The Russian Embassy
1125 16th Street, N.W.
Washington, DC 20035

Telephone (202) 628-7751

f. ATC Communications. The ATC communication system within the IS is generally good. Very high frequency (VHF) is commonly used for enroute communications, but high frequency (HF) is required for certain routes. Communication equipment requirements are listed in the U.S.S.R. AIP. However, Russian and other IS air traffic controllers have limited access to weather and NOTAM information.

g. Aeronautical Fixed Telecommunications Network (AFTN) or Society International de Telecommunications Aeronautique (SITA) Networks. Data transmission and reception in the IS is accomplished using the AFTN or SITA networks, although in remote areas only AFTN may be available. Transmitting or receiving messages using the AFTN system within the IS to and from many remote areas, especially in the SFE, may be less timely than desirable. Most messages enter and depart the IS in Moscow, and the manual manipulation of messages is required at many transfer stations before and after reaching Moscow. For example, an AFTN message from Anchorage, Alaska to Magadan, Russia, will be transmitted via Moscow, and then to several switching stations between there and Magadan. At the switching stations, messages must be hand-carried from the receiving area to the transmitting machine.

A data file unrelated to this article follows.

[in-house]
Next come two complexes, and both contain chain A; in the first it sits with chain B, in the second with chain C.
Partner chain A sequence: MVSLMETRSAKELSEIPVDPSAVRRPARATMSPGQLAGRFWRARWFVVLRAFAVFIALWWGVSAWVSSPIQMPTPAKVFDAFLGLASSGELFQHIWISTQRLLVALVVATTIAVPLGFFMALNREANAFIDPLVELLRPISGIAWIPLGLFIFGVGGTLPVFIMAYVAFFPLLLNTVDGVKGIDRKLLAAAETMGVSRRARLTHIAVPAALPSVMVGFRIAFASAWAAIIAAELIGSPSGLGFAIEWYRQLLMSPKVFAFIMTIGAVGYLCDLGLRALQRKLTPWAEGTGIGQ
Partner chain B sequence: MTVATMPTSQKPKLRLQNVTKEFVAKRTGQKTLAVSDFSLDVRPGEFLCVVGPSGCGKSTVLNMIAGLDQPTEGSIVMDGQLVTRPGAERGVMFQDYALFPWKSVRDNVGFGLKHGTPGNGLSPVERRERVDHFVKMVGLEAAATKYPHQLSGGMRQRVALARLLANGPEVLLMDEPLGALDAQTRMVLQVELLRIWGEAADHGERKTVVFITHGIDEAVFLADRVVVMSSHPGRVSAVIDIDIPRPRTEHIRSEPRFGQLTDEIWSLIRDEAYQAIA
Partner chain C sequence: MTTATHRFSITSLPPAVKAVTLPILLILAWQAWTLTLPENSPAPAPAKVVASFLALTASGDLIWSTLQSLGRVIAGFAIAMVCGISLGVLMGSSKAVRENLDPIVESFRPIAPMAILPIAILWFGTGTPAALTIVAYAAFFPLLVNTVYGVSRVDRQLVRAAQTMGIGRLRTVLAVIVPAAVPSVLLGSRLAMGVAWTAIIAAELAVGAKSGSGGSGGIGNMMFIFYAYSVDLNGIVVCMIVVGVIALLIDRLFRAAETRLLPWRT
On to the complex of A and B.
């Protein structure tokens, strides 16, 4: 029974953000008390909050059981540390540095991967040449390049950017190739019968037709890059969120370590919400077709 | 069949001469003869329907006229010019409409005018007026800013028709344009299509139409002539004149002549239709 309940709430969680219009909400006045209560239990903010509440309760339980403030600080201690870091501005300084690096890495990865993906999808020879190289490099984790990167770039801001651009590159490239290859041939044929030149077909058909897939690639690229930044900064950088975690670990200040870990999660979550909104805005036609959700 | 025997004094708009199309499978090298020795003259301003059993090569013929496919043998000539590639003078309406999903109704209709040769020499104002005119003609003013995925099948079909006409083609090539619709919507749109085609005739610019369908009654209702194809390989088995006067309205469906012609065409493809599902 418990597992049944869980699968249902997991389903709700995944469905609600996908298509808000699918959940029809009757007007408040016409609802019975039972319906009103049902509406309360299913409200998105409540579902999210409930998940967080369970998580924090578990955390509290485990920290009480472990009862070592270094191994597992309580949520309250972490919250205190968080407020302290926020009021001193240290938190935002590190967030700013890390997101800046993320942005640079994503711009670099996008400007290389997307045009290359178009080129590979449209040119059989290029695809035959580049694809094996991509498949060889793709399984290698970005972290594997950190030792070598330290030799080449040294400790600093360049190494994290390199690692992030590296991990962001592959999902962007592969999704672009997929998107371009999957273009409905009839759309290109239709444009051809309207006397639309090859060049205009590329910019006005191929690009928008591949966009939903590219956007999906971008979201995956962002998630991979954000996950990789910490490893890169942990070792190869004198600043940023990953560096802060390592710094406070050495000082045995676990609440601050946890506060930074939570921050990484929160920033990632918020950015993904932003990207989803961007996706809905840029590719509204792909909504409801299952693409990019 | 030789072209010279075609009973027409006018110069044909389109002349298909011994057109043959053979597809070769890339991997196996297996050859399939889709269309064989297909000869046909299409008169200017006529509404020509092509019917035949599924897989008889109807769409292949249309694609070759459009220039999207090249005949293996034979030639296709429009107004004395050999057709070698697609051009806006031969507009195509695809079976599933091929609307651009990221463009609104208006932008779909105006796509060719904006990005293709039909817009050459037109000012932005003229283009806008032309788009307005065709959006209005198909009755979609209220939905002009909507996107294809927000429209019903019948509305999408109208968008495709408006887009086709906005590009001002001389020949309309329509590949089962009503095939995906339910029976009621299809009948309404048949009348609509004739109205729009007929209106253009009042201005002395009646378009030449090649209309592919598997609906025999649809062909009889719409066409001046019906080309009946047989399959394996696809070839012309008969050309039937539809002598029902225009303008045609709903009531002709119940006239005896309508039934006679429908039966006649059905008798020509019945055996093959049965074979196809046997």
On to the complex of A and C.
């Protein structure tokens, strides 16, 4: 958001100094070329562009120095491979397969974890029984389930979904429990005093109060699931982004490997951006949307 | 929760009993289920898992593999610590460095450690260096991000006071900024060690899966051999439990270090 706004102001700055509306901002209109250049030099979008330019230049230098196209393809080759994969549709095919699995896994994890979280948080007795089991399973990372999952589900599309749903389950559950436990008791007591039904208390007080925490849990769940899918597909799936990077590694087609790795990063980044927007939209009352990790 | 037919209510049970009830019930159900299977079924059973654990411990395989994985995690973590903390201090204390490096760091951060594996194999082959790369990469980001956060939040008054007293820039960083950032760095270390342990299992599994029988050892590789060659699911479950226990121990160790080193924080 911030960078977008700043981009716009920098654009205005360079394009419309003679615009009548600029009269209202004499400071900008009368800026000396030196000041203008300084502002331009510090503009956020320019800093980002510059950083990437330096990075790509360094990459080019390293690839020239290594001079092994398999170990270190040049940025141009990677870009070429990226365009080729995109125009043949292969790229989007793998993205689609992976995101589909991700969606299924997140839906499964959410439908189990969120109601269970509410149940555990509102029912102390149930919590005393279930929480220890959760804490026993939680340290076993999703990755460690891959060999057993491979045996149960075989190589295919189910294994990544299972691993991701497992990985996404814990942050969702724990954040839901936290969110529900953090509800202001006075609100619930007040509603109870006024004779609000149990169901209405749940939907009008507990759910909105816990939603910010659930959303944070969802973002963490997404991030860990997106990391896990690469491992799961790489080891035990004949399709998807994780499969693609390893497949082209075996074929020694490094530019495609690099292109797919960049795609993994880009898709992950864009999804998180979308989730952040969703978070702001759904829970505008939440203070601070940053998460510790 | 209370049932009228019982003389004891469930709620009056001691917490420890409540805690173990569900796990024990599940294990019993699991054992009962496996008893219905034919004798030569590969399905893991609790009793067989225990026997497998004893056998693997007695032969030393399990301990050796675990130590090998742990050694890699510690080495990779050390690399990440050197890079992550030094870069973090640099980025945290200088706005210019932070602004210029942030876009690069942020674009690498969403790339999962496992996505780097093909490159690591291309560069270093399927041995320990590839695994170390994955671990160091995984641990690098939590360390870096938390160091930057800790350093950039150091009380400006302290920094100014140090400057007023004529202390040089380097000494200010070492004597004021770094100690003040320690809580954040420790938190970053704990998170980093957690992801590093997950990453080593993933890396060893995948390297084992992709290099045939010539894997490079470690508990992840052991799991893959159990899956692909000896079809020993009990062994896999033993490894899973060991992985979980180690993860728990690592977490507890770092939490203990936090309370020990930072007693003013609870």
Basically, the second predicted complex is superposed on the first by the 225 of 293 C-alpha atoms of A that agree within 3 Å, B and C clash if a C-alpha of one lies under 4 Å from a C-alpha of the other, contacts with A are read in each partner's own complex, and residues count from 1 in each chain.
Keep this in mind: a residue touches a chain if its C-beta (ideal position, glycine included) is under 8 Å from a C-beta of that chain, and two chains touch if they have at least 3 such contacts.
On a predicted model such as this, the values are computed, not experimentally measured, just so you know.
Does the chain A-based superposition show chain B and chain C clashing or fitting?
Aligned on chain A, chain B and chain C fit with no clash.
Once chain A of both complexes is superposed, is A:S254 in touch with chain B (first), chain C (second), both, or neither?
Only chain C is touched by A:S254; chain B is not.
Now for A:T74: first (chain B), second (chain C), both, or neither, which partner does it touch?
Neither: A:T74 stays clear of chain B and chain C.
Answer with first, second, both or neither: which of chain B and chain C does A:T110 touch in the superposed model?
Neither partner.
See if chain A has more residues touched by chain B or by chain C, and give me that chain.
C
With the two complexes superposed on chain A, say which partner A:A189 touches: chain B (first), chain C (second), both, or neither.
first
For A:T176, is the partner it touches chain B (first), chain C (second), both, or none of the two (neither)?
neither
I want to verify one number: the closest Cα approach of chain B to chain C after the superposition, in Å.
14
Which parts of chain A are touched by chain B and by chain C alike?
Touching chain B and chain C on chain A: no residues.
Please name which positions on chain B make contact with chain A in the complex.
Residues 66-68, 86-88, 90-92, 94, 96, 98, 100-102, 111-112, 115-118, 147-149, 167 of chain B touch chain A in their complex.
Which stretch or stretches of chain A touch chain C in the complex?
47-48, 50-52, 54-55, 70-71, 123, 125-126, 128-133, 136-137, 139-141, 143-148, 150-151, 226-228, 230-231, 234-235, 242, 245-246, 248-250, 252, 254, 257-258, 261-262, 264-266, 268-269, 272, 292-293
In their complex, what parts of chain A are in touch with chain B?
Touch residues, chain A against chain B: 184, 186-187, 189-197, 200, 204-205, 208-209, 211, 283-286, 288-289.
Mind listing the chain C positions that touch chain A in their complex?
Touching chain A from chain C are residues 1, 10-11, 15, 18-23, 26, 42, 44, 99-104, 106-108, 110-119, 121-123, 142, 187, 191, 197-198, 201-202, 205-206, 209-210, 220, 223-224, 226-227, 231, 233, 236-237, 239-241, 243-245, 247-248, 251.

h. Telephone Service. Telephone service to, from, and within the IS is limited. A variety of systems are used, including an HF troposcatter system which, due to technical limitations, makes communication extremely difficult. Establishing reliable communications to and from line stations within the IS may be more challenging than in other areas.